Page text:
Human G-CSF R, Fc Tag (GCR-H5250) is expressed from human 293 cells (HEK293). It contains AA Glu 25 - Pro 621 (Accession # NP_000751.1).
Predicted N-terminus: Glu 25
This protein carries a human IgG1 Fc tag at the C-terminus.
The protein has a calculated MW of 92.7 kDa. The protein migrates as 100-120 kDa under reducing (R) condition (SDS-PAGE) due to glycosylation.
Less than 1.0 EU per μg by the LAL method.
>95% as determined by SDS-PAGE.
Lyophilized from 0.22 μm filtered solution in Tris with Glycine, Arginine and NaCl, pH7.5. Normally trehalose is added as protectant before lyophilization.
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Please see Certificate of Analysis for specific instructions.
For best performance, we strongly recommend you to follow the reconstitution protocol provided in the CoA.
For long term storage, the product should be stored at lyophilized state at -20°C or lower.
Please avoid repeated freeze-thaw cycles.
This product is stable after storage at:
- -20°C to -70°C for 12 months in lyophilized state;
- -70°C for 3 months under sterile conditions after reconstitution.
Human G-CSF R, Fc Tag on SDS-PAGE under reducing (R) condition. The gel was stained overnight with Coomassie Blue. The purity of the protein is greater than 95%.
Immobilized ActiveMax® Human G-CSF, Tag Free (Cat. No. GCF-H5214) at 2 μg/mL (100 μL/well) can bind Human G-CSF R, Fc Tag (Cat. No. GCR-H5250) with a linear range of 1-16 ng/mL (QC tested).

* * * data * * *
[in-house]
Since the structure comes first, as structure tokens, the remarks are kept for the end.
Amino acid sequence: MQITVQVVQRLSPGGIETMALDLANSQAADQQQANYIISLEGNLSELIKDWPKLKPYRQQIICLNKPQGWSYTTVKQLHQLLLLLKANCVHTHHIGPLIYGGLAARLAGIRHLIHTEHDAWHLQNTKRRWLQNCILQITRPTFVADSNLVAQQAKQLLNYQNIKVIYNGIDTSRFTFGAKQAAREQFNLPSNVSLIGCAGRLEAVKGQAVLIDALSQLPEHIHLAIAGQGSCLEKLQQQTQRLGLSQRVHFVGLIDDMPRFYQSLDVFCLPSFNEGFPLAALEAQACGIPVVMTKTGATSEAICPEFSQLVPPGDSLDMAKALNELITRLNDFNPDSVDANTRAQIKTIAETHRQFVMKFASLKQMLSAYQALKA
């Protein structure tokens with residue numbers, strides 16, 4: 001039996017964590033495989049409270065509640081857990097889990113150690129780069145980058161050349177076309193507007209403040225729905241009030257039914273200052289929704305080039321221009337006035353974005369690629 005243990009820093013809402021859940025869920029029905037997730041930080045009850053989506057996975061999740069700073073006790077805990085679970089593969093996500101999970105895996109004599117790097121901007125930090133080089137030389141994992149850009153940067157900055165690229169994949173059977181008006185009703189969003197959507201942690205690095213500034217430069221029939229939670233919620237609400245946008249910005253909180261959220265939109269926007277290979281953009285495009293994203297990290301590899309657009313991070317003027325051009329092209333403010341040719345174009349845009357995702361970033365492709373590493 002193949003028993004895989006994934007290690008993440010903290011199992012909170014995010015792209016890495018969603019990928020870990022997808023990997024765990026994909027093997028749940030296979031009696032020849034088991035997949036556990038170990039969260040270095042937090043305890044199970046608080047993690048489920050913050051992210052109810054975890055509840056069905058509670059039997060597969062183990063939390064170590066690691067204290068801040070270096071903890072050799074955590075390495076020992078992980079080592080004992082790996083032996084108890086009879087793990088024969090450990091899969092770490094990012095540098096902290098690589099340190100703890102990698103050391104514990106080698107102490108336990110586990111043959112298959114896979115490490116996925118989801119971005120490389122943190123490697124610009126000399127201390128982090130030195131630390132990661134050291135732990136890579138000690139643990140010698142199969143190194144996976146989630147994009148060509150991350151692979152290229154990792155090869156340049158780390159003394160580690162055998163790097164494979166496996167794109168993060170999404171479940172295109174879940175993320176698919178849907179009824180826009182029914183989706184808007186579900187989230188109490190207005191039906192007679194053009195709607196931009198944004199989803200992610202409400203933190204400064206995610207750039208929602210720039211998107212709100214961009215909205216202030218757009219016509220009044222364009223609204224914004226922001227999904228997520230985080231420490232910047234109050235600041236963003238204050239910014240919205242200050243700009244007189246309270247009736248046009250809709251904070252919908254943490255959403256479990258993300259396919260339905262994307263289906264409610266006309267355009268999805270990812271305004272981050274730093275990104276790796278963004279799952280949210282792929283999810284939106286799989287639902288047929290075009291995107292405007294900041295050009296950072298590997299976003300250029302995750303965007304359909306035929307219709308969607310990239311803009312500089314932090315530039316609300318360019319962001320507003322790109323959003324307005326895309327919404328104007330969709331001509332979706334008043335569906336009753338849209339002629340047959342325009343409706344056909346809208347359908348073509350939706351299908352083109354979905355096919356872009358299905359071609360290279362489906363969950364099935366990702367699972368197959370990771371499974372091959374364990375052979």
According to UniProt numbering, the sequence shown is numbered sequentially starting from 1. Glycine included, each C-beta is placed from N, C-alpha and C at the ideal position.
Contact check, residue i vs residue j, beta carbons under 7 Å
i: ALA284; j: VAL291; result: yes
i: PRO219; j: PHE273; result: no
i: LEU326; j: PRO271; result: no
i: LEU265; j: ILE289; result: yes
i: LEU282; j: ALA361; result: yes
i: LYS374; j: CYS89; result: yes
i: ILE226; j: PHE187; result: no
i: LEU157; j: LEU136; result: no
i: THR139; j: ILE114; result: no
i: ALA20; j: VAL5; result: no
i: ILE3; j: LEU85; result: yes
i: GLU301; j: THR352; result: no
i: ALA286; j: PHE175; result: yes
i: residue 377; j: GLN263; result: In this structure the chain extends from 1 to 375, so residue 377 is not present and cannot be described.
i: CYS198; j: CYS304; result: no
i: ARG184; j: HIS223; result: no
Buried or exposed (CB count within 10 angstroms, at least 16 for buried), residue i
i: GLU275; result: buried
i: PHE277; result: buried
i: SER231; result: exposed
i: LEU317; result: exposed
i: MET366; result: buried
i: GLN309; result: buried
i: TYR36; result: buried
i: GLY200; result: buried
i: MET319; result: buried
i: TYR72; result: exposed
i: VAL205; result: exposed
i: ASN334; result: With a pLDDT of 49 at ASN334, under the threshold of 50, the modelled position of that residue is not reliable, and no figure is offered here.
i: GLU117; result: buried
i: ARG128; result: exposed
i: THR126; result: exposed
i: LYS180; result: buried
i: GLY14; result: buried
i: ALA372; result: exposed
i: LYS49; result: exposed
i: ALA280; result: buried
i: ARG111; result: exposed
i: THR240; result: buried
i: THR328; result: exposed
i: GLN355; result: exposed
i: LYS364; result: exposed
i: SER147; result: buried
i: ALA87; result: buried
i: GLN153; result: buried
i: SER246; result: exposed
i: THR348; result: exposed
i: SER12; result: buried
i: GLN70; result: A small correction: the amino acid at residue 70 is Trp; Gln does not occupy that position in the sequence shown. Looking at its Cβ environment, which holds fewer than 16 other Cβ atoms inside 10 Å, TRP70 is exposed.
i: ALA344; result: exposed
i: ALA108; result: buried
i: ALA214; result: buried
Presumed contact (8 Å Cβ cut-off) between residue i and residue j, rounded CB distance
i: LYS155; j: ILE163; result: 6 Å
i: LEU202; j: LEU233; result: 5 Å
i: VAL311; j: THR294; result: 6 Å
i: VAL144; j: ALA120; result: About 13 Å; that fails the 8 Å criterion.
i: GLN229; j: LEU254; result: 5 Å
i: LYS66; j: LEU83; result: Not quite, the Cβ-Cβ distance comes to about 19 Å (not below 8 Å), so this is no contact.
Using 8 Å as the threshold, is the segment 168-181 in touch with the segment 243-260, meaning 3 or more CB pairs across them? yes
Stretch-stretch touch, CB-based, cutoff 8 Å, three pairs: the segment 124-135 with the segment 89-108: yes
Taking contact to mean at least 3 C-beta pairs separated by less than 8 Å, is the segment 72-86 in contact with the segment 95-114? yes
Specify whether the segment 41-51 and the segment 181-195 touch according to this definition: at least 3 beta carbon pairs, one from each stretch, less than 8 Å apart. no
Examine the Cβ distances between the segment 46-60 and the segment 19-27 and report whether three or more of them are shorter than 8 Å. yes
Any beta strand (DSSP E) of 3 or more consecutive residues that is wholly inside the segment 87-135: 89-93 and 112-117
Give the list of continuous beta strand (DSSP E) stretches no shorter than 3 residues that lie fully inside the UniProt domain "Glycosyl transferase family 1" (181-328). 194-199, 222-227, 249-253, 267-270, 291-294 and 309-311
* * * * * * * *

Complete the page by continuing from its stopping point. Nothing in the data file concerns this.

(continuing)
Granulocyte Colony Stimulating Factor Receptor (G-CSFR) is also known as Cluster of Differentiation 114 (CD114), CSF3R and GCSF, is a cell-surface receptor for the granulocyte colony-stimulating factor (G-CSF), a cytokine that plays a critical role in the regulation of the activation, proliferation, differentiation, and survival of the neutrophilic granulocyte lineage. G-CSFR belongs to a family of cytokine receptors known as the hematopoietin receptor family. This type I membrane protein has a composite structure consisting of an immunoglobulin(Ig)-like domain, a cytokine receptor-homologous (CRH) domain and three fibronectin type I II (FNIII) domains in the extracellular region. G-CSFR is present mainly on precursor cells in the bone marrow, and, in response to stimulation by G-CSF, initiates cell proliferation and differentiation into mature neutrophilic granulocytes and macrophages. G-CSFR mediates the specific effect of GCSF through activating a variety of intracellular signaling cascades, including the Jak/Stat, PI3/Akt, Ras-Raf-MAP kinase, and Src family kinase pathways, and thus functions in defense against infection, inflammation and repair, and in the maintenance of steady state hematopoiesis. Mutations in this gene are a cause of Kostmann syndrome, also known as severe congenital neutropenia. Mutations in the intracellular part of this receptor are also associated with certain types of leukemia.